Inhibition of Thrombin Receptor Signaling on α-Smooth Muscle Actin+ CD34+ Progenitors Leads to Repair After Murine Immune Vascular Injury
Objective—The goal of this study was to use mice expressing human tissue factor pathway inhibitor on α-smooth muscle actin (α-SMA)+ cells as recipients of allogeneic aortas to gain insights into the cellular mechanisms of intimal hyperplasia (IH).
Methods and Results—BALB/c aortas (H-2d) transplanted into α-tissue factor pathway inhibitor–transgenic (Tg) mice (H-2b) regenerated a quiescent endothelium in contrast to progressive IH seen in C57BL/6 wild-type (WT) mice even though both developed aggressive anti-H-2d alloresponses, indicating similar vascular injuries. Adoptively transferred Tg CD34+ (but not CD34−) cells inhibited IH in WT recipients, indicating the phenotype of α-tissue factor pathway inhibitor–Tg mice was due to these cells. Compared with syngeneic controls, endogenous CD34+ cells were mobilized in significant numbers after allogeneic transplantation, the majority showing sustained expression of tissue factor and protease-activated receptor-1 (PAR-1). In WT, most were CD45+ myeloid progenitors coexpressing CD31, vascular endothelial growth factor receptor-2 and E-selectin; 10% of these cells coexpressed α-SMA and were recruited to the neointima. In contrast, the α-SMA+ human tissue factor pathway inhibitor+ CD34+ cells recruited in Tg recipients were from a CD45− lineage. WT CD34+ cells incubated with a PAR-1 antagonist or taken from PAR-1-deficient mice inhibited IH as Tg cells did.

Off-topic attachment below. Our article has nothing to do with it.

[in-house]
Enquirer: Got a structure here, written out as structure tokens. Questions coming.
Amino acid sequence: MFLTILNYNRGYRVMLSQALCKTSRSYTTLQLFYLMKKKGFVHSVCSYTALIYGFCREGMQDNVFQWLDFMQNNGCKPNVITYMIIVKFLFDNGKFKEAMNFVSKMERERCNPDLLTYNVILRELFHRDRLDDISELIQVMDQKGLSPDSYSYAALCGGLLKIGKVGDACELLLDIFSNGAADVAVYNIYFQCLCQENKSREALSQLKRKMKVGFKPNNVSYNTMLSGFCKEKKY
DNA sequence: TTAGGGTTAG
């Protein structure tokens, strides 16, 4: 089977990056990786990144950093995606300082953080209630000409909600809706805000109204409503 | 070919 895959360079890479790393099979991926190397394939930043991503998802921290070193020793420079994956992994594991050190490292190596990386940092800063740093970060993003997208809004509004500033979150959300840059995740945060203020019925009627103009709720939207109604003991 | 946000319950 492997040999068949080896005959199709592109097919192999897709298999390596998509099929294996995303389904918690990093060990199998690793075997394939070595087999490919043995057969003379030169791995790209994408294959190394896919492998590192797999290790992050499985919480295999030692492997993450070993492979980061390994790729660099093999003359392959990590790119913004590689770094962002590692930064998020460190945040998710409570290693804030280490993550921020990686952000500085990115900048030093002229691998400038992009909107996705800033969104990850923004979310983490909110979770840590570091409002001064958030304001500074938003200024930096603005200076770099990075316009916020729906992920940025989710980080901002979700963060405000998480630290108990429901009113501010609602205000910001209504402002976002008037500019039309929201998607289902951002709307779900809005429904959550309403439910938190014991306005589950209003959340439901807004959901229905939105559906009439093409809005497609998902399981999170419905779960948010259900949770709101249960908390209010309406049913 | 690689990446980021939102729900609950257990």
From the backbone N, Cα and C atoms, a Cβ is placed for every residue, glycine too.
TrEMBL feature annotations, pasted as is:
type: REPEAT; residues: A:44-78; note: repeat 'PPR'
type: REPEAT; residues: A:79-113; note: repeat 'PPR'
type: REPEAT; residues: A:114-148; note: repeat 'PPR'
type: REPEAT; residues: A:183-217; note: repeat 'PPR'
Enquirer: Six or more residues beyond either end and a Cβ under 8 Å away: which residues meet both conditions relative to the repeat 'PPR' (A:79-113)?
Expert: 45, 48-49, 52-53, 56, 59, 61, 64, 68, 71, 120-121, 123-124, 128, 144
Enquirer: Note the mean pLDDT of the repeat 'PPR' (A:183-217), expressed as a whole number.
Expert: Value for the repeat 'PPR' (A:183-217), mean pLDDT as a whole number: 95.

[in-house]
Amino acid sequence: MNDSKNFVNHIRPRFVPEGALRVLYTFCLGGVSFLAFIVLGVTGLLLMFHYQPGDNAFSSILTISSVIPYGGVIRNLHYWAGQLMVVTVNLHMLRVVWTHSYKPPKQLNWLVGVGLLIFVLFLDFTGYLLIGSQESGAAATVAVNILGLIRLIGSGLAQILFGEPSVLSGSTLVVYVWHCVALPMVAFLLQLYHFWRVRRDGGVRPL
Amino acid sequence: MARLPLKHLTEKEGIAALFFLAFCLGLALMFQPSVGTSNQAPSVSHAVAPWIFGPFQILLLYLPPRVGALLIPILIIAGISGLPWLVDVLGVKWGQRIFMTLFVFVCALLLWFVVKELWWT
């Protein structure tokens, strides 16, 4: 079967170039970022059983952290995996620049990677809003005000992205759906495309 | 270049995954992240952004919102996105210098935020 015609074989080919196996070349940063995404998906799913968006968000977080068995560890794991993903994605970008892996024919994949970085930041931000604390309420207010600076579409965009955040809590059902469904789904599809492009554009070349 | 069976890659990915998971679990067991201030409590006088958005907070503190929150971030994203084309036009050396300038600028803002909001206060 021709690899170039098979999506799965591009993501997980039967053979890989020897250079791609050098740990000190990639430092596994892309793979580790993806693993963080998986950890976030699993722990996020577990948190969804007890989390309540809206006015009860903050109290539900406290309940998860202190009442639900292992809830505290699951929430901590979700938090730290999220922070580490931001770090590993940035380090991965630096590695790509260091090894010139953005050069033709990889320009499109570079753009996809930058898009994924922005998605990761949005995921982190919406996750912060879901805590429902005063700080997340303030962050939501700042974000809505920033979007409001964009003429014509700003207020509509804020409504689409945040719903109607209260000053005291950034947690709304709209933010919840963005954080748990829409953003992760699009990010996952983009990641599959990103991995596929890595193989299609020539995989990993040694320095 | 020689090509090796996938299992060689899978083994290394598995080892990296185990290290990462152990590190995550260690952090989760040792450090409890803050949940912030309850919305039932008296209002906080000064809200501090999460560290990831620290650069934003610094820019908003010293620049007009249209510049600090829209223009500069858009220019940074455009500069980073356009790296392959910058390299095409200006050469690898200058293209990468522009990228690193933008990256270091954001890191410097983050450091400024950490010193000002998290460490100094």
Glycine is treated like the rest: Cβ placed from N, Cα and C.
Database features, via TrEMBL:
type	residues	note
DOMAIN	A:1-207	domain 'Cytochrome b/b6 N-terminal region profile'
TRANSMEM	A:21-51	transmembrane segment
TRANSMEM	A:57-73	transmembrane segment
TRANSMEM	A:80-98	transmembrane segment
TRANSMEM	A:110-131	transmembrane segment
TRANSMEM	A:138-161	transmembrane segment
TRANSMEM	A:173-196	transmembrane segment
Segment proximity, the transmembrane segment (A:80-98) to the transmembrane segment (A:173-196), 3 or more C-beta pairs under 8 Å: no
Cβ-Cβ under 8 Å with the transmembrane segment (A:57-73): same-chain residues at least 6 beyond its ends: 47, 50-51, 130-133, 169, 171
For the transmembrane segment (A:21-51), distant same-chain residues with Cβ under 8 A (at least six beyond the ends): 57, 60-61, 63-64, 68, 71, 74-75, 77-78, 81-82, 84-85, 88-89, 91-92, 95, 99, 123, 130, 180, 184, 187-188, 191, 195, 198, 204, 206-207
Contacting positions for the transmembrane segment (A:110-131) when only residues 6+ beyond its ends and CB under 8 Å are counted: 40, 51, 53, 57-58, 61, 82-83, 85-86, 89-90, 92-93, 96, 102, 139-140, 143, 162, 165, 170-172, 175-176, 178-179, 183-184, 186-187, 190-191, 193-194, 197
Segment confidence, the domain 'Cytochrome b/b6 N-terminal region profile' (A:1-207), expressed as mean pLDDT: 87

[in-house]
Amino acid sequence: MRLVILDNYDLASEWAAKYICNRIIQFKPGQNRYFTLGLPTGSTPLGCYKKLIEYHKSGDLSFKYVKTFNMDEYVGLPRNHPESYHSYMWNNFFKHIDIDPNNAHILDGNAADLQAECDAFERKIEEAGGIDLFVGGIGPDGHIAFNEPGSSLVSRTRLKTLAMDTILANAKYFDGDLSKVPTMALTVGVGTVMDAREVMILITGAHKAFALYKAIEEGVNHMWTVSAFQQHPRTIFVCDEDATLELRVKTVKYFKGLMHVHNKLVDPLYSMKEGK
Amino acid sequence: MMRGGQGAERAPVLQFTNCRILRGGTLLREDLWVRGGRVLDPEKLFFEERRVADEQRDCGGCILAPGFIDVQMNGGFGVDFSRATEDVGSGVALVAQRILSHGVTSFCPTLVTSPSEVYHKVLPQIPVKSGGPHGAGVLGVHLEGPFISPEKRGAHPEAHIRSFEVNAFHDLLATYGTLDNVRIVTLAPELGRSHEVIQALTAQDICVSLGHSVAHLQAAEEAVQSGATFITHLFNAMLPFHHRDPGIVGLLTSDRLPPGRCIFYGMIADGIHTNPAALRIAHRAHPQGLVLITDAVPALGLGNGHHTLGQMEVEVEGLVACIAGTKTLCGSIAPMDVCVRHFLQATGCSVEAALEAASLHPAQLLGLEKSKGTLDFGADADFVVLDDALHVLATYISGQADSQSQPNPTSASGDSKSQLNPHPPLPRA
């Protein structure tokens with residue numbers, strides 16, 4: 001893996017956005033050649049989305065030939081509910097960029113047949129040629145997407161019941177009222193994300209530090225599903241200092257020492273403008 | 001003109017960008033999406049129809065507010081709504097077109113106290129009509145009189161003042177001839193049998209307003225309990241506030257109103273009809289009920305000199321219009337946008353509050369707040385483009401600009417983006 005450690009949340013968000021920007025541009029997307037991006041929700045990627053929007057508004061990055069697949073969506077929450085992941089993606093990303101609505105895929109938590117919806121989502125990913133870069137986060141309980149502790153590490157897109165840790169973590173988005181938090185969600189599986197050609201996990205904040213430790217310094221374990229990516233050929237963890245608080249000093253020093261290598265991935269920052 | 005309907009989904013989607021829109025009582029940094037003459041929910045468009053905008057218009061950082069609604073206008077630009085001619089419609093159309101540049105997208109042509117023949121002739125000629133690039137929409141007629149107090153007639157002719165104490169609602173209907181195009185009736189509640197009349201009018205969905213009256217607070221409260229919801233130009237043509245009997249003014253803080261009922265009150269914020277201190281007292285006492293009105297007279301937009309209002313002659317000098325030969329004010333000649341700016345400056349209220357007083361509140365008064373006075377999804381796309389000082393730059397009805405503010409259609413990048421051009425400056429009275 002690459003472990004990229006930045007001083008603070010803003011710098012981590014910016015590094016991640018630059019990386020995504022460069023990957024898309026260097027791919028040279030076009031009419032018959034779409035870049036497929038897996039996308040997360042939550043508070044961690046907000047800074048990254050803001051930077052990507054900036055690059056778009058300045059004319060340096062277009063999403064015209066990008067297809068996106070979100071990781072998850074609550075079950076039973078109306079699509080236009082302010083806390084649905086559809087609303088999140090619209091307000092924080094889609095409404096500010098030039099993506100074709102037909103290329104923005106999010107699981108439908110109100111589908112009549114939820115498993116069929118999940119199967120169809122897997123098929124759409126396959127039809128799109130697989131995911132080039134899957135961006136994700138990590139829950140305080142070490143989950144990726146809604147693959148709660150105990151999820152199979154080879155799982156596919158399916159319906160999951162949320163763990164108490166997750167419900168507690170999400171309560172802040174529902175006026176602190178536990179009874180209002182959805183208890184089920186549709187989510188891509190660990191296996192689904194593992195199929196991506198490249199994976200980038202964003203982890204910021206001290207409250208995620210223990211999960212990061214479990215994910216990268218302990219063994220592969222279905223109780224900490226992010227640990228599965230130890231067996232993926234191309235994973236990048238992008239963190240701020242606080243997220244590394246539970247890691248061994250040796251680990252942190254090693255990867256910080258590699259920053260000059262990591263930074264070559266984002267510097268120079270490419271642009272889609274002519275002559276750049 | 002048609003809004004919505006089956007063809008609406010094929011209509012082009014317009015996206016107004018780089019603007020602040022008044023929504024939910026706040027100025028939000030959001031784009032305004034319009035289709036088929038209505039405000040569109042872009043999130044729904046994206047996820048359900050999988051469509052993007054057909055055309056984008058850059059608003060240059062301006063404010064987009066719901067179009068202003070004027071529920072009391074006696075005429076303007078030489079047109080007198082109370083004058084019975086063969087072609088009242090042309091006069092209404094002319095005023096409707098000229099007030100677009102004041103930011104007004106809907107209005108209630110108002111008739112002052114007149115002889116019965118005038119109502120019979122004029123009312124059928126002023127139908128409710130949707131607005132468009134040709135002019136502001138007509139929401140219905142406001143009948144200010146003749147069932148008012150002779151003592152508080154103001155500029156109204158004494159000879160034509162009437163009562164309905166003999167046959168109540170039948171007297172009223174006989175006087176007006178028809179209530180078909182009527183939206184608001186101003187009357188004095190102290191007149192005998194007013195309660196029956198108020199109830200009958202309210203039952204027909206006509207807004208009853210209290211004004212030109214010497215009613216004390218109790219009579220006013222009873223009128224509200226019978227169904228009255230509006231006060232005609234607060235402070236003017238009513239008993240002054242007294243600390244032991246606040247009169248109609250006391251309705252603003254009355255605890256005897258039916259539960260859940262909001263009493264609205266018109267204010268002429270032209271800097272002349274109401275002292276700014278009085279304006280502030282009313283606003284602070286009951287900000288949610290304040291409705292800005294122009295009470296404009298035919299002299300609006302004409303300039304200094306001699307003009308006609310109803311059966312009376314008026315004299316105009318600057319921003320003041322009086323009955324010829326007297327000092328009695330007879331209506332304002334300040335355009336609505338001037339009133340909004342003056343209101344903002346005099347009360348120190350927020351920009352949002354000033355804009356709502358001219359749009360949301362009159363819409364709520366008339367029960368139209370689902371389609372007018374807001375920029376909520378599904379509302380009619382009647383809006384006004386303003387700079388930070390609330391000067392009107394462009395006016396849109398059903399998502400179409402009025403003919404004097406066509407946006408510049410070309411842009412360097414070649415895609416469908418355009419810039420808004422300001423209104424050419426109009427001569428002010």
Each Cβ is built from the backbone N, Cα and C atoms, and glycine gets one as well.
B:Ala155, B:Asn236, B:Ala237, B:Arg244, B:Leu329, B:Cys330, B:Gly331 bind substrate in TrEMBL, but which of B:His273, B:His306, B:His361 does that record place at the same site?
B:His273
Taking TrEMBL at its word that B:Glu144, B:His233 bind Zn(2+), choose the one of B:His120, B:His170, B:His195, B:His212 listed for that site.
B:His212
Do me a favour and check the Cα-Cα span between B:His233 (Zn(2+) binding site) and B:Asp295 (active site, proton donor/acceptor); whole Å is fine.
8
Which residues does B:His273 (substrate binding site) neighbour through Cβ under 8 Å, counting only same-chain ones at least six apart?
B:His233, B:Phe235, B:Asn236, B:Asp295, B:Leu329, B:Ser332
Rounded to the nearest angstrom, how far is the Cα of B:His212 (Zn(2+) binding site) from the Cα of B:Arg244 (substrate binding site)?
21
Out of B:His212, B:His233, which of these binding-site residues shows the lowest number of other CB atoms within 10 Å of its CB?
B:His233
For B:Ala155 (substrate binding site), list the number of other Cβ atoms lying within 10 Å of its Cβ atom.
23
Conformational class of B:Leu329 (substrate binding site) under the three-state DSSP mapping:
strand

Conclusion—Specific inhibition of thrombin generation or PAR-1 signaling on α-SMA+ CD34+ cells inhibits IH and promotes regenerative repair despite ongoing immune-mediated damage.
- Received May 12, 2011.
- Accepted October 7, 2011.
- © 2011 American Heart Association, Inc.